Hobbema meindert Essays and Papers

This essay has a total of 259 words and 1 pages.

hobbema meindert

Hobbema Meindert, 1638-1709, Dutch landscape painter. Baptized in Amsterdam on 31 October
1638, the son of Lubbert Meindert, he early assumed the surname of Hobbema. In landscape
art Hobbema was second only to his contemporary Jacob van Ruisdael, with whom he may have
studied. Most of his life was spent in a poor district of Amsterdam, where he died a
pauper. Hobbema was little appreciated in his day but he is now recognized as the last of
the great 17th-century Dutch masters of landscape. He painted most of his surviving work
before 1668, when he took a clerical position with the city; thereafter he produced very
few paintings. While lacking Ruisdael's scope and imagination, Hobbema equals him in
draftsmanship, bold execution, and color. His works are full of life and luminosity and
loving observation of nature. He painted chiefly woodland scenes, country villages, water
mills, and other rustic subjects, his great mastery of detail never detracting from the
general effect of his large and vigorous compositions. Much of his work is in England
where it greatly influenced the later English landscapists. Among his well-known works are
Avenue at Middelharnis Water Mill, and Entrance to a Village. The National Gallery,
London, has the best collection of his work. during his present life he was one that
existed as the greatest artist known to man. Those who saw his art were amazed by its
breathe taking appearance. All his painting that were created dispalyed many life like
cottages and small towns where people spent their livlihood.

Continue >>

  • Western civilization
    western civilization Korea Rice, the staple food of the Korean diet, is eaten at most meals. Millet, wheat, barley, corn, and sorghum are also eaten, especially in the north. The vegetables Koreans eat include potatoes, Chinese cabbage, turnips, and onions. Garlic and red peppers are used as seasoners. Kunchi (pickled vegetables) is a favorite dish. Fish and other seafood\'s are the usual sources of proteins. Trog, or rice, is a popular confection. Traditional clothing, made of cotton or synthet
  • Rembrandt Harmenszoon van Rijn
    Rembrandt Harmenszoon van Rijn Rembrandt Harmenszoon van Rijn, the son of a miller, was born in Leiden on July 15, 1606. Despite the fact that he came from a family of relatively modest means, his parents took great care with his education. Rembrandt began his studies at the Latin School, and at the age of 14 he was enrolled at the University of Leiden. The program did not interest him, and he soon left to study art, first with a local master, Jacob van Swanenburch, and then, with Pieter Lastma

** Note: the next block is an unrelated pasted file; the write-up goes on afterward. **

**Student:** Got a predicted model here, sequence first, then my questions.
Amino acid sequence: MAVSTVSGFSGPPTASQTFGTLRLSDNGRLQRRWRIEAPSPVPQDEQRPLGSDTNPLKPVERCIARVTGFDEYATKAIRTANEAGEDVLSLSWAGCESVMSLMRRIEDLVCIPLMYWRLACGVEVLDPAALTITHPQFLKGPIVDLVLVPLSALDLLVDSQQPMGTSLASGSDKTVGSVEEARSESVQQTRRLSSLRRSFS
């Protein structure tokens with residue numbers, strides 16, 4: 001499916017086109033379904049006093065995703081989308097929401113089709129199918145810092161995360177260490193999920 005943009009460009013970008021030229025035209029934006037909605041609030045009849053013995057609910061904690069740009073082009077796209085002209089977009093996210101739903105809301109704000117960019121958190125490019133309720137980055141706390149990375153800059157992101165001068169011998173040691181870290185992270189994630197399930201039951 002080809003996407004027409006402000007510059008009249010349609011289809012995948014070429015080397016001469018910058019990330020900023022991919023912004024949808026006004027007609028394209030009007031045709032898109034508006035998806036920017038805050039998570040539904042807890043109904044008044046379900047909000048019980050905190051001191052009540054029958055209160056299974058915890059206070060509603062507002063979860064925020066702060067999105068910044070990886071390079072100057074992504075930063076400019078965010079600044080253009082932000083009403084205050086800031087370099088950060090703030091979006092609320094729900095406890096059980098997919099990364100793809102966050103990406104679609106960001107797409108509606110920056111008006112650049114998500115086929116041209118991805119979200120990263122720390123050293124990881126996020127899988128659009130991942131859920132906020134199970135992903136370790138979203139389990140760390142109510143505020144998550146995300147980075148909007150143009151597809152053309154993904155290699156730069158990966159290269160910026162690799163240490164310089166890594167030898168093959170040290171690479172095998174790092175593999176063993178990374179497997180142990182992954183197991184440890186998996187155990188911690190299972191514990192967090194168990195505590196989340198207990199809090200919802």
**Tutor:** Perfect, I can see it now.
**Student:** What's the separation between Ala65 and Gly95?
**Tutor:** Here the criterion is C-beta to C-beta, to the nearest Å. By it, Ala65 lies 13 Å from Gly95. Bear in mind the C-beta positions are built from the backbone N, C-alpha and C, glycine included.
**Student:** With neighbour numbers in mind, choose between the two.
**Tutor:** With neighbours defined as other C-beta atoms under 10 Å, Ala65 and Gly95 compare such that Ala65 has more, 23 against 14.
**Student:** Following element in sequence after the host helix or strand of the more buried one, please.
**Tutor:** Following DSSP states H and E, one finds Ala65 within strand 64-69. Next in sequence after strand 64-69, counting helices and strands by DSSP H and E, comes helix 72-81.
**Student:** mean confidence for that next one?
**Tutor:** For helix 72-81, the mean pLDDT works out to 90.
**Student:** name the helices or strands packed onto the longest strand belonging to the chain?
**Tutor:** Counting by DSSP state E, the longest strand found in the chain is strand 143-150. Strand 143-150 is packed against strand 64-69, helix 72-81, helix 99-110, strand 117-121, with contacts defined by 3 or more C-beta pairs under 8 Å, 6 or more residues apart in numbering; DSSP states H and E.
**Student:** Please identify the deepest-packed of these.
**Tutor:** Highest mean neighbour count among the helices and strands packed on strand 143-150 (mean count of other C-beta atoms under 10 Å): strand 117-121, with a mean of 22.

• The art of the Dutch Republic
    The art of the Dutch Republic Dutch art (is) not &a literal record of social experience, but &a document of beliefs. Do what extent to the following sources support this view with regard to the Dutch Republic in the seventeenth century? (750 words) Human expression provides a mechanism by which human behaviour can be studied by the historian, and in aesthetic expression such as art, the historian can study the beliefs which influence human behaviour. Within the alleged Golden Age  of the Dut
  • Effect Of Postimpressionists On The Next Generatio
    Effect Of Postimpressionists On The Next Generation Postimpressionism Postimpressionism was a movement in late-19th-century French painting that emphasized the artist\'s personal response to a subject. Postimpressionism takes its name from an art movement that immediately preceded it: Impressionism. But whereas impressionist painters concentrated on the depiction of a subject\'s immediate appearance, postimpressionists focused on emotional or spiritual meanings that the subject might convey. Alt
  • French Baroque 1600c.e.-1750c.e.
    French Baroque 1600c.e.-1750c.e. French Baroque 1600-1750 Europe in the 1600s was at the end of Counter Reformation, and as the political and cultural shifts took place, we begin to see art, particularly in France, influenced more and more, by the ruling monarchy. The transition from Mannerism into Baroque is not clear, but eventually the arts started to adopt a new look. And feel. Paintings started to become more exuberant, dynamic and ornamented. The scale of work produced during this time inc